that mustard seed “sparkle”

This morning was BSSM registration day. The line was absurdly long, but fortunately I had the pleasure of meeting another BSSM student, Nathan, who stood in line next to me. He must be no more than 19 years old and had just graduated from high school. He shared passionately about his desire for God’s presence and power to invade in signs, wonders and miracles. I listened with rapt attention.

Nathan shared a testimony of a man who had broken his entire left side due to a motorcycle accident. His left shin was so shattered that doctors had to replace it with a piece of metal. He wore a half-body cast, and doctors told him it would take at least 3-4 months of physical therapy before he could start walking again. After a session of prayer and forgiveness—i.e. forgiving himself for the accident—he stopped taking pain medication and went to see his doctor, who told him that there was no more trace of metal in his shin but rather new bone had formed. A few weeks of physical therapy later, the man was walking on his own.

Another true story happened in Chicago during a Jesus Culture conference. Two ladies were walking around a neighborhood looking for people to pray for when they heard a blood-curdling scream from a house down the street. They quickly ran to the house, where a mother was grieving over her 3-year-old son who had just drowned in the bathtub. Paramedics were already at the scene performing CPR, but the boy was beyond rescue. The two ladies refused to accept it and started laying their hands on him and rebuking death to leave. Suddenly, the boy woke up and coughed out all the water. He was alive. He was raised from the dead.

I could see the glint in Nathan’s eyes as he talked. He wanted it so badly. Anything less than Kingdom invasion was not good enough. Sickness and disease was not an option. He knew His God was bigger—bigger than anything anyone could ever even begin to fathom.

This reminds me of Mark 4:20:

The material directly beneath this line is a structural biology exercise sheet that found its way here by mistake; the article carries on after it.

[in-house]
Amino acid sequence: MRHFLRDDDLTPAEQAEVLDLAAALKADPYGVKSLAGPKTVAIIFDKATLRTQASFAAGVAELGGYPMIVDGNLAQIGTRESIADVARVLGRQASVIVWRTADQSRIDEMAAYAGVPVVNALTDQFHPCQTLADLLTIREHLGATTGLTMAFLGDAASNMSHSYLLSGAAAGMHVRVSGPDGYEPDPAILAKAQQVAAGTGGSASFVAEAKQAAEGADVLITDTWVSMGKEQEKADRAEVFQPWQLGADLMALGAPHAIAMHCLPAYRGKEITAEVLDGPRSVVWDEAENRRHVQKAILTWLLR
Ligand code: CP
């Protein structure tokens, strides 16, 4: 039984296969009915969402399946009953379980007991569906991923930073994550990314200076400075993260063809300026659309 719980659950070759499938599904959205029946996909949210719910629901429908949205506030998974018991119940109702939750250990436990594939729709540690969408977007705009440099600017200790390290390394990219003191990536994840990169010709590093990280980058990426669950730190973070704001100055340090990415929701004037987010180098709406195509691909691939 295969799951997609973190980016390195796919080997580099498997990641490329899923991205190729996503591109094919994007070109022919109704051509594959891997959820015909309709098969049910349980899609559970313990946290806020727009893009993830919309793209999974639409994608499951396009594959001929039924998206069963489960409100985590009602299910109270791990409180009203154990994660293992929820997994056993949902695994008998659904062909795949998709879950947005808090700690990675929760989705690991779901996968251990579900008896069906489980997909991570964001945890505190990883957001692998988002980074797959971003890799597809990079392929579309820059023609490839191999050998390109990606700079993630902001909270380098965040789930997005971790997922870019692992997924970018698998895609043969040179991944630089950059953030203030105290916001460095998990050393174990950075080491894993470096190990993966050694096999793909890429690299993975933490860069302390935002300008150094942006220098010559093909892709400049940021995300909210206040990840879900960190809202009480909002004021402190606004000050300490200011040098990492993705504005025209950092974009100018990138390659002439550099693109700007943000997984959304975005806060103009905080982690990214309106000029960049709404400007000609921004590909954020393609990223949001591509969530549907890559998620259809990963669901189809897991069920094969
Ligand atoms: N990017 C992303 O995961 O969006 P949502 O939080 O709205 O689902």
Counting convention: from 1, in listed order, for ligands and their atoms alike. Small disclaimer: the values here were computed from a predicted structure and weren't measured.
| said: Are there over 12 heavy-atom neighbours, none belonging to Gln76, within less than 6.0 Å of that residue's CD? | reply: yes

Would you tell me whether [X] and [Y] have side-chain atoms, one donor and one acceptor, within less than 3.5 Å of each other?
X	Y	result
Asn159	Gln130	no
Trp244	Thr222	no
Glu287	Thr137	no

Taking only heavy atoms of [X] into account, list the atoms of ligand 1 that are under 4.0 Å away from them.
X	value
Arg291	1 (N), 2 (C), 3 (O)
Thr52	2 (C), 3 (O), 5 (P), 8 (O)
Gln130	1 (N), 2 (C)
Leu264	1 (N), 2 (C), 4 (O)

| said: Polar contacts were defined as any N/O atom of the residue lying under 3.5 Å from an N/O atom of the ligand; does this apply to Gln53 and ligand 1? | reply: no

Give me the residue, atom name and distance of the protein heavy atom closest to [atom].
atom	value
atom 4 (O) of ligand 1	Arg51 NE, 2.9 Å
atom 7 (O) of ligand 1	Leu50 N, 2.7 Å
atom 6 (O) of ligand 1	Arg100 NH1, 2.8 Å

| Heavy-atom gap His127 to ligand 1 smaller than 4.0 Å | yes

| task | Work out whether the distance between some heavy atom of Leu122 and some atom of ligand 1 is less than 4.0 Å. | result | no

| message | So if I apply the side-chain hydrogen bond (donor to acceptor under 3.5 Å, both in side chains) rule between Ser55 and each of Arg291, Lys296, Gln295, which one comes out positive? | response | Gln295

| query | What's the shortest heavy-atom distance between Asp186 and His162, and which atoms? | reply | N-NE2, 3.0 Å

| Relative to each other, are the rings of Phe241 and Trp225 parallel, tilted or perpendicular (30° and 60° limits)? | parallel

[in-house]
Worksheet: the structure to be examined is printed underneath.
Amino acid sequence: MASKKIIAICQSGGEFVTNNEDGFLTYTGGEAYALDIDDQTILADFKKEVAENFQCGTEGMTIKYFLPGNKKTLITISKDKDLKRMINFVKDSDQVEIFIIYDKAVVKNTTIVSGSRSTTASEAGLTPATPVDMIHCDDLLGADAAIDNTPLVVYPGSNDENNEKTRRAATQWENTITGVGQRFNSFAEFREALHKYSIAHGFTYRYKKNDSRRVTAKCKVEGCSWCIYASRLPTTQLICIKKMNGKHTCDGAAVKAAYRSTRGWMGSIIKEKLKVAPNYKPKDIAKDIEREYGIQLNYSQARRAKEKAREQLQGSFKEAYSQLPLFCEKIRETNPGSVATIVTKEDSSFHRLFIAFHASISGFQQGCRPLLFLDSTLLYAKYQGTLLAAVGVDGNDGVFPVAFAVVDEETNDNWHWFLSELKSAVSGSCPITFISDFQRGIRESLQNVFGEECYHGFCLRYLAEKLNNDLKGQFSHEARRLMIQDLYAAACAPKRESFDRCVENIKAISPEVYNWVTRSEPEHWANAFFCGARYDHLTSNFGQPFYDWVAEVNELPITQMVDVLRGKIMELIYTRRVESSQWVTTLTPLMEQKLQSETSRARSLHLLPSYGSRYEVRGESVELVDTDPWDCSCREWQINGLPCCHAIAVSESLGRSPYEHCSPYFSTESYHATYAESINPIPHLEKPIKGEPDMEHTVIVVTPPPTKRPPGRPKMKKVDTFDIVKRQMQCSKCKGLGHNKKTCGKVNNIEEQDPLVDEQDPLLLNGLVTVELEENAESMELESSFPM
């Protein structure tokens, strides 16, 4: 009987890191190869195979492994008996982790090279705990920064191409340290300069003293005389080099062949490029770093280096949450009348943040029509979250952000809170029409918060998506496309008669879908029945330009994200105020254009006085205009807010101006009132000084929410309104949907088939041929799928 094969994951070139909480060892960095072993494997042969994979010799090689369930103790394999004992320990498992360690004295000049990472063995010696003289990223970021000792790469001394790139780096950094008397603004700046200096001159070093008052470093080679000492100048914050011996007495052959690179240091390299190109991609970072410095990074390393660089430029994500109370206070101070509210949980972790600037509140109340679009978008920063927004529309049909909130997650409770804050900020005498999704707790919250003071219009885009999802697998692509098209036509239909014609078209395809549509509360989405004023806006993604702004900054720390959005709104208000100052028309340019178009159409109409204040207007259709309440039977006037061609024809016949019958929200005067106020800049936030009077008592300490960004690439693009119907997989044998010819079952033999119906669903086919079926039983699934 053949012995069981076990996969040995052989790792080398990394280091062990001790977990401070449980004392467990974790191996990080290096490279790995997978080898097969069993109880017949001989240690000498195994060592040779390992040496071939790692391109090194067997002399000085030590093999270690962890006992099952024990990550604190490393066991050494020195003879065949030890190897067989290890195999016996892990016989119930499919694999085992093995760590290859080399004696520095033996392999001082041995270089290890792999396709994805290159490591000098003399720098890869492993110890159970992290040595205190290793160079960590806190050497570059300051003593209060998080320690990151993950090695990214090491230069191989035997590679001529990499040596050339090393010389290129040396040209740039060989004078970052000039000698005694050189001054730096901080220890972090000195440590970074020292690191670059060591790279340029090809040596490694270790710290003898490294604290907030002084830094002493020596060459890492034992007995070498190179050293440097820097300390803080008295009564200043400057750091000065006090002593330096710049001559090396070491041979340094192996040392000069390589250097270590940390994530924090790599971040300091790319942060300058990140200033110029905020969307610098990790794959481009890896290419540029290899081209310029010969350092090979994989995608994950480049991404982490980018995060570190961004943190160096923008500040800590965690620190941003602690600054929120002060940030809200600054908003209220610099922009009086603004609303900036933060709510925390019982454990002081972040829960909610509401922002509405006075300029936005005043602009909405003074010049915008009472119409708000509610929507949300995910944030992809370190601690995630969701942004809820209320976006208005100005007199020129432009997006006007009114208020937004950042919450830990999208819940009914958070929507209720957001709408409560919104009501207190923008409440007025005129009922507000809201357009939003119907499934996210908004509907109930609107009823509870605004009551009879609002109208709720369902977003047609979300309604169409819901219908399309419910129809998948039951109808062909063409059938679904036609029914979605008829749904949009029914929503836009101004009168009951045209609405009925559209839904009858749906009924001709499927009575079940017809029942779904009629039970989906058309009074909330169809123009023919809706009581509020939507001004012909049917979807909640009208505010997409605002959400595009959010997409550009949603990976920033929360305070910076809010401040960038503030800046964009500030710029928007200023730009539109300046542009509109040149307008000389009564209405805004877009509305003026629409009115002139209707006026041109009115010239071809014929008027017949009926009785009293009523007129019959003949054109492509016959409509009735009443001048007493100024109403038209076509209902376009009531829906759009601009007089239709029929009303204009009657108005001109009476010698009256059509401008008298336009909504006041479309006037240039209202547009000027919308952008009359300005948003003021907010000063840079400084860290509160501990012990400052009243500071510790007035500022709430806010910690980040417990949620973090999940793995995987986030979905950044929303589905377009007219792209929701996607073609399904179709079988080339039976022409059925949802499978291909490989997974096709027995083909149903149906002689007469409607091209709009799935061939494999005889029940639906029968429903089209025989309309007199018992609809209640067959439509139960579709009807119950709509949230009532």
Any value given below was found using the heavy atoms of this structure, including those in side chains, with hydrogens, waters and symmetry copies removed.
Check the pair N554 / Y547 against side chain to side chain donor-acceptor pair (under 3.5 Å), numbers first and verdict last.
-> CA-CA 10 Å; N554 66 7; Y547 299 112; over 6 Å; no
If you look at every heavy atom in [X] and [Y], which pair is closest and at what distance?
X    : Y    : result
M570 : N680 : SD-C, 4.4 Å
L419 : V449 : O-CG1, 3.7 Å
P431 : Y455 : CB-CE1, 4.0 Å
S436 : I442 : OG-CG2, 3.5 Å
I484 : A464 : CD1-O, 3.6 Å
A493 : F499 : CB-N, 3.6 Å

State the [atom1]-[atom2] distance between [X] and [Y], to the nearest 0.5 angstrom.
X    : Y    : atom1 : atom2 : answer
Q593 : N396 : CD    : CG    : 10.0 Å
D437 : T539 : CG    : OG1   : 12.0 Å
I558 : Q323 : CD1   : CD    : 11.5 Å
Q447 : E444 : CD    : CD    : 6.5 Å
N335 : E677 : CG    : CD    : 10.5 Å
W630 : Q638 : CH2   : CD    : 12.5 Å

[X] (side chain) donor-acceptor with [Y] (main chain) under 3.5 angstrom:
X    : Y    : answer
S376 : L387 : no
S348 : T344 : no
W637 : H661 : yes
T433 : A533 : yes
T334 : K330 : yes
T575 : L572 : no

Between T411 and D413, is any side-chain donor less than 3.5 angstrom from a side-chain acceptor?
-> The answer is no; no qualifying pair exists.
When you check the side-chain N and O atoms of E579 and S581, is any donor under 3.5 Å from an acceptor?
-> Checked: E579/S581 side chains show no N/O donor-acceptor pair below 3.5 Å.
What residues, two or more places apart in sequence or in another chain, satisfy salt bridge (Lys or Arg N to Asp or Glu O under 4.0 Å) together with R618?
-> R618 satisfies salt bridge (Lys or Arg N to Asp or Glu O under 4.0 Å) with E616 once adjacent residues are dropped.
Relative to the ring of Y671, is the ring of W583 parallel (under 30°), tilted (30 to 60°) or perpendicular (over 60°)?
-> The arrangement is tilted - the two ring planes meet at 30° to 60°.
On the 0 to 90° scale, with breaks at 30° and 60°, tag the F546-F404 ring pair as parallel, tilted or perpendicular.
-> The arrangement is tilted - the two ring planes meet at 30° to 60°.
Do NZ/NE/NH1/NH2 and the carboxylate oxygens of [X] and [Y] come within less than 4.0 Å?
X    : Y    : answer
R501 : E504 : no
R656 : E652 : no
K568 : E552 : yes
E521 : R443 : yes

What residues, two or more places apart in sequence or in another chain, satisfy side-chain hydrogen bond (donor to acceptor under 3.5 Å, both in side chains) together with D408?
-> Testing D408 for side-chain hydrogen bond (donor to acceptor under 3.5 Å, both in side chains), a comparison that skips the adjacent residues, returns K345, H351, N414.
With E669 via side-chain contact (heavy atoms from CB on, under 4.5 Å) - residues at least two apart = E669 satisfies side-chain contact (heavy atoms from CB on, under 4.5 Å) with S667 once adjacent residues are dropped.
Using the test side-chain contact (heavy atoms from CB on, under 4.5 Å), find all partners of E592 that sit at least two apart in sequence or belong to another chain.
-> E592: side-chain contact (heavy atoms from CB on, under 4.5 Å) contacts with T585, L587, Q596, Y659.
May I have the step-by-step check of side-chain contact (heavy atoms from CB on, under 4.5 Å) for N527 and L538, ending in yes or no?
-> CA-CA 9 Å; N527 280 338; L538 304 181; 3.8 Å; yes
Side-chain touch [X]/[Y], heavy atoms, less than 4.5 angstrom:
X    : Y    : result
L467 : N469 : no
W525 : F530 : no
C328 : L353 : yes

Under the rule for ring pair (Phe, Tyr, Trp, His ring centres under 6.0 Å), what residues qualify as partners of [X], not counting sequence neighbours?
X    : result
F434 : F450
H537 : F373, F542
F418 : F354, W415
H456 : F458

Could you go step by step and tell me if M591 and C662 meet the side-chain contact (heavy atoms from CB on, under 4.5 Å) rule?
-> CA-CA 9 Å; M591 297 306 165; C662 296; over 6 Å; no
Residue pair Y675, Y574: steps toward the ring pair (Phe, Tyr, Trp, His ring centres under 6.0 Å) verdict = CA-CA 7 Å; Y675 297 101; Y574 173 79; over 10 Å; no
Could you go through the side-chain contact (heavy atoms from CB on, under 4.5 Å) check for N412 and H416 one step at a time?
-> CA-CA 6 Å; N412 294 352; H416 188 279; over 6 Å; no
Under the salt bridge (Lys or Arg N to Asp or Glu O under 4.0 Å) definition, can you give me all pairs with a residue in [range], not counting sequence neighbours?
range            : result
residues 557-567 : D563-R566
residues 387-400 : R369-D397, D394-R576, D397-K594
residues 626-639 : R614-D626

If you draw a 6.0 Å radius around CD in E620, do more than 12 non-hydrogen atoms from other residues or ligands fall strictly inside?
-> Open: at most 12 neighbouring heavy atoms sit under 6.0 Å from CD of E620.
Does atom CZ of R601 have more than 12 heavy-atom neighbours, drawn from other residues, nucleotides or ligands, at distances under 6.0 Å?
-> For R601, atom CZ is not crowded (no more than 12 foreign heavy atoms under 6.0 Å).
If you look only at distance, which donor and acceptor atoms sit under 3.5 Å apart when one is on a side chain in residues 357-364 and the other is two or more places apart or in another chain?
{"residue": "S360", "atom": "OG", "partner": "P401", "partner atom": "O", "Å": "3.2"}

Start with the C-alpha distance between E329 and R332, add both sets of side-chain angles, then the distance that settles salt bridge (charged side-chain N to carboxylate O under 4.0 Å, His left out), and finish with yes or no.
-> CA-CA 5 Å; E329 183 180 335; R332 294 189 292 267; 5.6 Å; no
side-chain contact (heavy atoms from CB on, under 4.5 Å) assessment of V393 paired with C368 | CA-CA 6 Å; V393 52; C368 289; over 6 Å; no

“Others, like seed sown on good soil, hear the word, accept it, and produce a cropthirty, sixty or even a hundred times what was sown.” 

I consider myself a good listener, just like this morning when I was listening attentively to Nathan’s stories. But is that the same thing as hearing the Word, accepting it and producing a crop?

I think of it like fruit preserves. In order to preserve fruit, you have to let the fruit soak in sugar water for a long period of time until it becomes fruit jam. Its consistency completely changes—it transforms! The sugar breaks down the fruit so much until they become one; you cannot separate one from the other.

That’s preserving the Word.

Have I allowed the Word to enter my heart and my whole system (i.e. physical and spiritual, mental and emotional) as a transforming agent, like sugar is to fruit, or do I simply listen… but eventually “the worries of this life, the deceitfulness of wealth and the desires for other things come in and choke the word, making it unfruitful”?

There is something about that sparkle in someone’s eye when they share about the Kingdom with intense passion. Some people might call that naivety

But I think in God’s eyes—that is the potential of a mustard seed to grow into the largest tree in the whole garden.

Again [Jesus] said, “What shall we say the kingdom of God is like, or what parable shall we use to describe it? It is like a mustard seed, which is the smallest seed you plant in the ground. Yet when planted, it grows and becomes the largest of all garden plants, with such big branches that the birds of the air can perch in its shade.

Mark 4:30-32

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